Mill Photo

Shoppers look for clothes at Janie Lou Boutique, one of the vendors at the Mill at Lebanon’s July Shopping Experience held Friday and Saturday.

The Mill at Lebanon came alive over the weekend as dozens of people visited the venue for its July Shopping Escape, a two-day event featuring several area vendors.

Organizers planned the event as an alternative to Springtime at the Mill, which traditionally brings in thousands of shoppers and was canceled amid COIVD-19.

“We decided to do a smaller, more intimate version,” co-planner Helene Cash said. “There are sanitizing stations, we have an employee routinely cleaning high-traffic areas and the booths are spread out a little differently, so we took a lot of precautions.”

One of those was a reduction in the number of vendors, which allowed for more floor space between them. Attendees were able to shop for food, clothing and home décor.

“We billed it as our top 25 most sought-after vendors,” Cash said. “These are a lot of the ones people come to other events to see, and they’re within an hour or two of Lebanon. We still wanted to support our business community.”

B.T. Leigh’s Sauces and Rubs, an internationally award-winning barbecue sauce shop from Bowling Green, Kentucky, was among the vendors drawing a crowd over the weekend.

“We haven’t been to the Mill before, but we do a retail at Demeter’s Common,” owner Brian Leigh said. “We started doing shows in Tennessee this year, and we heard this was a good venue. There’s definitely a turnout, but with COVID-19 it’s been hit-and-miss.”

Co-planner Laura Comer said floor traffic was noticeably lower than a typical Mill event because of the combination of COVID-19 concerns and the scaled down vendor lineup.

“We told the vendors that this wasn’t going to be anything like our other events,” she said. “Most people gave us very positive feedback when we announced this on Facebook, but we know several people still just aren’t comfortable yet with going out to shop. We try not to do anything that’s going to make anybody uncomfortable.”

Despite the scaling down, customers continued to stop by throughout the weekend. Most of them wore face masks and observed social distancing, an environment shoppers like Sarah Peace of Lebanon appreciated.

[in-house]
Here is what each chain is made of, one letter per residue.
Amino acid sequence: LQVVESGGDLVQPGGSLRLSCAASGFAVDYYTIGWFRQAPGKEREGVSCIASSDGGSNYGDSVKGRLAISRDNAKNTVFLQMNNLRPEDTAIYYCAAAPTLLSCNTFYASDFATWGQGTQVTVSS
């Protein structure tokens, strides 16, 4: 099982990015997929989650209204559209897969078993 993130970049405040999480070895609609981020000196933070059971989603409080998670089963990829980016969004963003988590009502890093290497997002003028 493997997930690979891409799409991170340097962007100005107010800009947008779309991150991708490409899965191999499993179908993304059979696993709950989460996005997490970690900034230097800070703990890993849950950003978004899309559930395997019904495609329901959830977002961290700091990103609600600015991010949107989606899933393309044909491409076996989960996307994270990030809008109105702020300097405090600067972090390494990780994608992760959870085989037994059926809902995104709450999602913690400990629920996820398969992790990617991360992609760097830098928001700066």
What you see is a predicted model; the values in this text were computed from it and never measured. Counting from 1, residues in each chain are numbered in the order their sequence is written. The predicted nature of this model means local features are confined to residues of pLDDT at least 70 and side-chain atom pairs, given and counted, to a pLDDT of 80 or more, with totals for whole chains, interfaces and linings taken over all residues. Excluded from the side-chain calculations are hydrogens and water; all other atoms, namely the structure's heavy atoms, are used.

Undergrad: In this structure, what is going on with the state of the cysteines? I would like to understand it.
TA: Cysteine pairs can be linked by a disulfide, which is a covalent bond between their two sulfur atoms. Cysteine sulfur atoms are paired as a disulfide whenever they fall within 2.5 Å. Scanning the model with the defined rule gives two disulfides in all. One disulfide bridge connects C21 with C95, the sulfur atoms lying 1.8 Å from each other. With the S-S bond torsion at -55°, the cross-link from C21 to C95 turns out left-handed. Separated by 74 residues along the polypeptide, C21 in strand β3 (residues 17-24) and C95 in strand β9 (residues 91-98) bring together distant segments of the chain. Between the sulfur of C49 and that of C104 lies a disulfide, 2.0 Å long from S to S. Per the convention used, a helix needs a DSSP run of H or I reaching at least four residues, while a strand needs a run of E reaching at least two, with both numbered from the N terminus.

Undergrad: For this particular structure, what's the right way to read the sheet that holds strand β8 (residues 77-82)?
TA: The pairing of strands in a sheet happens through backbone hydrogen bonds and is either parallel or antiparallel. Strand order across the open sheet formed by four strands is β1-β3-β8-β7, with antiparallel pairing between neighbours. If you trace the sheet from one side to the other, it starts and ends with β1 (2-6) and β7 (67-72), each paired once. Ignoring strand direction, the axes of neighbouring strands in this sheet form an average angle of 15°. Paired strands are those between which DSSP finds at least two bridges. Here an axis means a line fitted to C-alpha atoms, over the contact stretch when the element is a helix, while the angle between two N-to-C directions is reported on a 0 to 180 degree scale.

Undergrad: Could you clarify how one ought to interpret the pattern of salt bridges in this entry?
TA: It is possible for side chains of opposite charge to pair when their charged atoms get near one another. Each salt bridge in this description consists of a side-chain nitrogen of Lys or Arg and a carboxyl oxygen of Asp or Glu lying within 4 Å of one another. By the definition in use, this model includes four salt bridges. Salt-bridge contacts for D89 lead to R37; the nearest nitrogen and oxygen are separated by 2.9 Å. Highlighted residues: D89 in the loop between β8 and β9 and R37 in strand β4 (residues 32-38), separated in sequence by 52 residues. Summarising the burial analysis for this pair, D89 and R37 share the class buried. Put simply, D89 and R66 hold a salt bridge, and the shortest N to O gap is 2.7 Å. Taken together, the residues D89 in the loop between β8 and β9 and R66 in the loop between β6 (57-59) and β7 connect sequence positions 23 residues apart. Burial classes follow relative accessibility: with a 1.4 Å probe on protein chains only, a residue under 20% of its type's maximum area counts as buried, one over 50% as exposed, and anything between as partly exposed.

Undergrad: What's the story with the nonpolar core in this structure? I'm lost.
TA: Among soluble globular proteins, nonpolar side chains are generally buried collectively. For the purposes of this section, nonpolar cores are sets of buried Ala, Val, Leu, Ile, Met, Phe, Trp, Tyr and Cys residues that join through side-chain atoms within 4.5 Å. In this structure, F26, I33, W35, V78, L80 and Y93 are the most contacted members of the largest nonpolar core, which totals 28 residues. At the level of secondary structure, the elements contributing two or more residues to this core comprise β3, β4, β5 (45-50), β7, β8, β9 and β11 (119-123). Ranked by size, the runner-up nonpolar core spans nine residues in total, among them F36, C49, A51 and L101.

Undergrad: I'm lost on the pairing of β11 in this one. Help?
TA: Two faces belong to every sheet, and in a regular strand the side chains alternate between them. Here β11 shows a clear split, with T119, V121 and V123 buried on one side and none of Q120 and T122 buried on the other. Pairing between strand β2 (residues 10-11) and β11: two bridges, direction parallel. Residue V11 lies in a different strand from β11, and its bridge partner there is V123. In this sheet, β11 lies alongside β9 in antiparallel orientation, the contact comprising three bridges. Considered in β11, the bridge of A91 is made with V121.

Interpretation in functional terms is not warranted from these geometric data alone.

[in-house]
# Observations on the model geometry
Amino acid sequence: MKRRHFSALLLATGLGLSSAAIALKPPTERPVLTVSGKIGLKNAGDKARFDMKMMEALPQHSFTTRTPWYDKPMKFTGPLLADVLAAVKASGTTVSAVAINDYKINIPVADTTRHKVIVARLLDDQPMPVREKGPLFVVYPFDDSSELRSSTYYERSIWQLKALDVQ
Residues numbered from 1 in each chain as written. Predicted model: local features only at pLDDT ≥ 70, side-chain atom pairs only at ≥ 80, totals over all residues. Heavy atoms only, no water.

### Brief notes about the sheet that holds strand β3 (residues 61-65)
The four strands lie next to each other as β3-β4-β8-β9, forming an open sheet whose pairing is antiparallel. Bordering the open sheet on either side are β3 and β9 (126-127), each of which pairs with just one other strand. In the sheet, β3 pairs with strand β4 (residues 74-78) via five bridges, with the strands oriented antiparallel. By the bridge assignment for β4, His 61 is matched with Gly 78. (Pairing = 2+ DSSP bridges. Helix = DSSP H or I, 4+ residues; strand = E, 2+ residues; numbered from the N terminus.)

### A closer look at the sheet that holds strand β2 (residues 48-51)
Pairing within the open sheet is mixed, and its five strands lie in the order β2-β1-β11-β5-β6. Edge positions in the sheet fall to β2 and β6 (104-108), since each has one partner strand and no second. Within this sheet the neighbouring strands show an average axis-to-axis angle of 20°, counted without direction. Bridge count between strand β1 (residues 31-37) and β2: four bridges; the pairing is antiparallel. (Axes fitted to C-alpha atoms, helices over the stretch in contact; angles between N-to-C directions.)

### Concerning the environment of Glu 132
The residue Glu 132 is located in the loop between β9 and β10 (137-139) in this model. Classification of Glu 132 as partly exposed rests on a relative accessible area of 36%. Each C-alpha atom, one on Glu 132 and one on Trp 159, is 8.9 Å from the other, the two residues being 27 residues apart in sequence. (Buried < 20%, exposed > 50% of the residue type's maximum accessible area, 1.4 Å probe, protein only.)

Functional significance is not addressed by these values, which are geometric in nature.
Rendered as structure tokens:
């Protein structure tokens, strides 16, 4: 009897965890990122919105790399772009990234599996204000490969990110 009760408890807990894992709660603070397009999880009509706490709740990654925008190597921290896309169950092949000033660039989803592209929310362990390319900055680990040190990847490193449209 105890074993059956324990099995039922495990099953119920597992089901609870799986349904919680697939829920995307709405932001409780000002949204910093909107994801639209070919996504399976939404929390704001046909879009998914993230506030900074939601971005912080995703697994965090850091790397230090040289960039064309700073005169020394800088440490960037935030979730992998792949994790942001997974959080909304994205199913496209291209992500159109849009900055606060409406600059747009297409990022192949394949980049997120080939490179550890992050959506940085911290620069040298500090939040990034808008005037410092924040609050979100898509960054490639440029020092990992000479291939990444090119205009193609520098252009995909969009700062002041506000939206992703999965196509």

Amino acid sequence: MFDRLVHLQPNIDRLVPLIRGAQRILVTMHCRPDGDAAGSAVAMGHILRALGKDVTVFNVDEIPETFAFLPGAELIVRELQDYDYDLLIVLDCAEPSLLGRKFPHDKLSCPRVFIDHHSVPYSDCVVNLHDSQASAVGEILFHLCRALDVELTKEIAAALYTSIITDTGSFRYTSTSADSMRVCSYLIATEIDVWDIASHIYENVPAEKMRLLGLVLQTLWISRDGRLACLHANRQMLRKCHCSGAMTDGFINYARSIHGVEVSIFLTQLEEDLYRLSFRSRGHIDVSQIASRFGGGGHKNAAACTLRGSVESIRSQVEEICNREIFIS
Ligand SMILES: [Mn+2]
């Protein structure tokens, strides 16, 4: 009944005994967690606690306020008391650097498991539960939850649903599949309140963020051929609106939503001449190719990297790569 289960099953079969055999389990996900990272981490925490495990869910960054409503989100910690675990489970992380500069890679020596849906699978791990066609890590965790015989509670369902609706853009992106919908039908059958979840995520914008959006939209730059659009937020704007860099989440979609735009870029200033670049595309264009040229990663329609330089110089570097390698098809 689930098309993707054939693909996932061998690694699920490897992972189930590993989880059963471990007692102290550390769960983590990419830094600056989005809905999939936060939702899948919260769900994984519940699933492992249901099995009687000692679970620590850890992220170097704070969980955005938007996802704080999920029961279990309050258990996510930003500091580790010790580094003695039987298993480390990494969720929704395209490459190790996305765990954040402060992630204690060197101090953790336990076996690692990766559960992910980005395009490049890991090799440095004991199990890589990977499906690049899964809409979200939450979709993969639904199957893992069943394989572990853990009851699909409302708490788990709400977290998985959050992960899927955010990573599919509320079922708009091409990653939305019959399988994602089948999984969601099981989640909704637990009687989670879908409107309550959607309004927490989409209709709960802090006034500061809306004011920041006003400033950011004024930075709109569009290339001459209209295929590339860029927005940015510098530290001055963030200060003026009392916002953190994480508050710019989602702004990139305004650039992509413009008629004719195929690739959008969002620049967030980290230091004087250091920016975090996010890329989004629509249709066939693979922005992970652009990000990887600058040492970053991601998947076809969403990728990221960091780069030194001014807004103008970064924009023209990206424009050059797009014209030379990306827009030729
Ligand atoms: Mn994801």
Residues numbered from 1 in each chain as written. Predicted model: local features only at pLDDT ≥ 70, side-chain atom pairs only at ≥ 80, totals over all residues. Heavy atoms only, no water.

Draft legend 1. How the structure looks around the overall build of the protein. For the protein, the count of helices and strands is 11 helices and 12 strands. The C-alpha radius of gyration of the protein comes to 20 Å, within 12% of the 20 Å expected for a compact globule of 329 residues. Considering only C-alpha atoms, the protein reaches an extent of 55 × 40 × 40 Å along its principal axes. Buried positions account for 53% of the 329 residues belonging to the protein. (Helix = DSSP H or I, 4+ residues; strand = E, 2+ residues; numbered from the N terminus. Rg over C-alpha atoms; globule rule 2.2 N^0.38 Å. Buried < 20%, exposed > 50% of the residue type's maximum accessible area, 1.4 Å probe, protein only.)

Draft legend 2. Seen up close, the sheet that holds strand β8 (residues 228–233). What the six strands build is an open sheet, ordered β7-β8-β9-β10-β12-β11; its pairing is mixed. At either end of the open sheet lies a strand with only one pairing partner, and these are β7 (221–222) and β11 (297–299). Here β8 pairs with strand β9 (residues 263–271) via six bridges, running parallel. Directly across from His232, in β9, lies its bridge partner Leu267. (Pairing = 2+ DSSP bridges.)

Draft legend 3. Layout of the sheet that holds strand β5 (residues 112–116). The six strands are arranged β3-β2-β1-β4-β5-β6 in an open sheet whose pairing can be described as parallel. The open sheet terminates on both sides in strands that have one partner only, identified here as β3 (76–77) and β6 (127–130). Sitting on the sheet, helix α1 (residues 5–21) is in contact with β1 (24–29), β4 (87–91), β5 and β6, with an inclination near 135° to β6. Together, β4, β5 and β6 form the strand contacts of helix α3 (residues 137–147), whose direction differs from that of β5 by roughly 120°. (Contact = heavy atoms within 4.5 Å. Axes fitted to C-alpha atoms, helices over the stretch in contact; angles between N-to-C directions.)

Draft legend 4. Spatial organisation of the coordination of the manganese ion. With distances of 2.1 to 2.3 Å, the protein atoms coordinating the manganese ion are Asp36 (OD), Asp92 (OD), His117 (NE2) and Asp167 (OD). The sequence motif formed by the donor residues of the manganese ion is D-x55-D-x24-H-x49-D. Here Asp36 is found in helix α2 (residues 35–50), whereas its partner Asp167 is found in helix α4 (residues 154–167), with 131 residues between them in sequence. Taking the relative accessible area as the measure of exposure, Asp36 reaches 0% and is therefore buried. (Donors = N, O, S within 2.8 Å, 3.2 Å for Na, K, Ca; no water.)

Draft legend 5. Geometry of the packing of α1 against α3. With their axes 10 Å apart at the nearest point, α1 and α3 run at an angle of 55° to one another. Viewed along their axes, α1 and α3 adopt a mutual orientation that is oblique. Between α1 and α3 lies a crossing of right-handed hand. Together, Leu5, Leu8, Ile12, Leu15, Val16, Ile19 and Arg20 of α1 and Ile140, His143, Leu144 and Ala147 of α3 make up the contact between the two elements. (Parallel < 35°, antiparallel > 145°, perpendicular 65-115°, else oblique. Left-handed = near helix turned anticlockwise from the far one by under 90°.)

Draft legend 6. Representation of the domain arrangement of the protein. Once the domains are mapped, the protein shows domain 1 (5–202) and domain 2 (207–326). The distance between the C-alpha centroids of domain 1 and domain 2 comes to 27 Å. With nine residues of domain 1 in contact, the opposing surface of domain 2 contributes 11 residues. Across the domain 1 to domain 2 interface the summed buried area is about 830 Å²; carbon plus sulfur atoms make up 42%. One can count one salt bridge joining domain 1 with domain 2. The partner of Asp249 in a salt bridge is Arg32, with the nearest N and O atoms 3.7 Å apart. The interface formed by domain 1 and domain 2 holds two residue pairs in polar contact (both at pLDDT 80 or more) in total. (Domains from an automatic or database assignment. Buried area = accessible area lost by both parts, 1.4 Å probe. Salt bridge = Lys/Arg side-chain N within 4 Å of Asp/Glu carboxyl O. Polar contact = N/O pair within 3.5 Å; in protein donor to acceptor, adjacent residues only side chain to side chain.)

“This is my first time here,” Peace, who heard about the event on Facebook, said. “I was hoping to find some fresh food, baked goods and other items. I also like the consistency of everyone wearing masks, it makes me feel better about coming out to look around.”

Other customers came from out of town, including Cindy Nash from Charlotte, Tennessee. Nash said she enjoyed her time at the Mill enough to come back for another event.

“My daughter-in-law told me about it, and we’ve been here for a few hours,” she said. “I think the clothes shopping is my favorite part, and it’s the kind of thing I like to do.”

Local business owners also used the weekend as an opportunity to network. Christin Muench, who runs County Rose Boutique, said the experience is valuable for those who normally sell online.

“It’s really good to help grow your business,” she said. “Because I’m not a brick-and-mortar, my only options are things like online ads, so pop-up events and festivals are a great opportunity to meet new customers and get some support from other vendors.”

Muench, another first-time vendor at the Mill, said she saw a steady number of customers throughout the weekend and enjoyed the experience.

“People are excited to come out, and I think there’s a sense of restlessness from being inside,” Megan Deere of Nothing Bundt Cakes in Mt. Juliet said. “These are all local vendors, and I love seeing everyone come out to support them.”

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